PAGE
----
Throughout American history, innovation has been central to our economy and our quality of life. American inventions, whether in medicine, travel, or communications, have benefited the world and played no small part in the advancement of our modern society.
Since the beginning of the industrial economy, the protection of intellectual property has been key to spurring this innovation. Inventors and researchers invest significant time and effort in their work at least in part because of the expectation that their labor will be rewarded.
The Founding Fathers knew well the value of intellectual property and its role in encouraging innovation. Article I, section 8, clause 8 of the Constitution provides for a national system of intellectual-property protection and charges Congress with running the system to “promote the progress of science and useful arts.”
With troubling and increasing frequency, bad actors leverage the complexity of our patent laws to extort illegitimate fees from unsuspecting businesses. Start-ups and small businesses that do not have large litigation budgets are hit particularly hard by this devious practice.
Of course, large companies and retailers are also negatively affected. Confronted with meritless litigation, these businesses must choose between doling out large payments to settle a frivolous case or paying significant lawyers’ fees to fight back. These unnecessary costs mean American consumers pay more for the products they buy.
No one disputes the value of intellectual property. But the recent abuses we have seen do not protect legitimate intellectual-property rights or the interests of inventors. Instead, they serve only to enrich opportunistic litigants or “patent trolls,” who have no interest in innovation or patents.
We have seen the terrible effects of patent trolls and how their fabricated claims of intellectual property can threaten hard-working American businesses. We have heard accounts of start-ups, small businesses, and companies in our home states of Virginia and Utah and across the United States that have been forced to shut down or reduce their businesses because of these abuses.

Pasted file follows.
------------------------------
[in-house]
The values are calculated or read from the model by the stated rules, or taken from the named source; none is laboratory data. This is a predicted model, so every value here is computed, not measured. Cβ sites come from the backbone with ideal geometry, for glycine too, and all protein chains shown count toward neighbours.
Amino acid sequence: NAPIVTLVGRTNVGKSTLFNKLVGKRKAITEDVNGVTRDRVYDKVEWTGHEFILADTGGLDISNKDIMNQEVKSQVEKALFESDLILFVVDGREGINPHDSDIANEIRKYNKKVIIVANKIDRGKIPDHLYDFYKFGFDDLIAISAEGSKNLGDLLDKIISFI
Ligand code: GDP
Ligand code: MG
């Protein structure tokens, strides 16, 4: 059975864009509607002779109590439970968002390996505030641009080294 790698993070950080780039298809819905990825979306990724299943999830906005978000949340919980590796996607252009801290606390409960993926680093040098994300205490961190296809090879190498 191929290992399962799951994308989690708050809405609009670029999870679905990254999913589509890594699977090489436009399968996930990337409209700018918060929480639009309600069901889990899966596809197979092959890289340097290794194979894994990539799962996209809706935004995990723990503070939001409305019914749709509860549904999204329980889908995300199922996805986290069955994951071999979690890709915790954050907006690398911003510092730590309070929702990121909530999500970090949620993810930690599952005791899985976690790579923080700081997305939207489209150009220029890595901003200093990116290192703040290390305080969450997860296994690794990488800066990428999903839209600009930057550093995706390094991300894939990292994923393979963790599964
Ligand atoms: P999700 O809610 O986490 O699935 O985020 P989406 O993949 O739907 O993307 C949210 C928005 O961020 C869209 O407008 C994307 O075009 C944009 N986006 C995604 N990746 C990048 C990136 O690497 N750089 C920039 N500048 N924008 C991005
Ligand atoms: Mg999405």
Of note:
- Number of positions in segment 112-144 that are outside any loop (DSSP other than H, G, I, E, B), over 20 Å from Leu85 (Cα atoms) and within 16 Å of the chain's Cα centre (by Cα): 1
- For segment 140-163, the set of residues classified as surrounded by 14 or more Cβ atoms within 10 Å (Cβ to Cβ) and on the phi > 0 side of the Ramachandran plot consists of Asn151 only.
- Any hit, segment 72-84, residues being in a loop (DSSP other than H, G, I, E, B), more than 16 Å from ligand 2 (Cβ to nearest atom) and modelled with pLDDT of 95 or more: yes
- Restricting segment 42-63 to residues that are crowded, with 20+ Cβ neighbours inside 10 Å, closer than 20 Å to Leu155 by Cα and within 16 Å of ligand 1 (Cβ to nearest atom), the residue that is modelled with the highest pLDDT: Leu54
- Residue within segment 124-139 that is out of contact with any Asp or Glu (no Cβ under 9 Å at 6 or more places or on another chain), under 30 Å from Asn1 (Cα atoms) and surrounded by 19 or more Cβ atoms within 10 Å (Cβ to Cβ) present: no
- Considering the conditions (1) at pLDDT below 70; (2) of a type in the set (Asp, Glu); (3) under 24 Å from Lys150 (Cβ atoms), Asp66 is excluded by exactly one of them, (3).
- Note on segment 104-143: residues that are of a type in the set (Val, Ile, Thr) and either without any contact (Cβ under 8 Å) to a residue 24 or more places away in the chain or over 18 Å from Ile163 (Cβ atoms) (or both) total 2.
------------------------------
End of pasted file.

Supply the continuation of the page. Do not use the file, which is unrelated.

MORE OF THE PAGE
The success of the patent-troll model has only fueled more and more frivolous litigation. This cycle is an unnecessary strain on our nation’s innovators. Resources set aside for research and development are wasted on needless patent lawsuits and litigation expenses instead of the next life-improving or life-saving invention. Small businesses are closing up shop, innovators are afraid to chase their next idea, and businesses face ever-increasing costs for lawyers and unnecessary settlements.
We must put an end to abuse of the patent system and make the necessary changes to ensure that it serves its constitutional purpose: protecting innovators and their inventions.
For this reason, both houses of Congress are working hard to pass legislation that will reduce the harmful effects of patent trolls and restore the central role of innovation in our patent system.
In the House, the Judiciary Committee, chaired by Representative Goodlatte, recently reported the Innovation Act, H.R. 3309. This legislation includes commonsense changes to make the patent-litigation process more transparent, as well as necessary reforms to ensure that patent owners provide necessary information in court pleadings, so that businesses can know the basis on which they are being sued. The bill also requires courts to determine the merits of a patent earlier in the case to avoid costly litigation on invalid patents, and requires those who file frivolous patent claims to pay the attorneys’ fees of the business or individual they have needlessly sued.
In the Senate, Senator Lee has joined with Judiciary Committee chairman Patrick Leahy to introduce legislation that would increase transparency in patent ownership, prevent the widespread sending of frivolous demand letters that threaten businesses with meritless lawsuits, and (like the House bill) protect customers from frivolous patent lawsuits that should properly be brought against the manufacturer instead. Other Republican members of the Judiciary Committee have likewise introduced important legislation to require litigants to provide necessary information in court pleadings, to reform the process by which courts conduct discovery in patent litigation, and to require patent trolls to pay lawyers’ fees.
These legislative proposals are targeted at practices within our patent system that inhibit innovation. For our system of intellectual property to function properly in the long run, we must enact reforms to stop abuse of that system and restore the value patents add to our economy.
— Representative Bob Goodlatte (R., Va.) serves as chairman of the House Judiciary Committee. Senator Mike Lee (R., Utah) serves as ranking member on the Subcommittee on Antitrust, Competition Policy, and Consumer Rights for the Senate Judiciary Committee.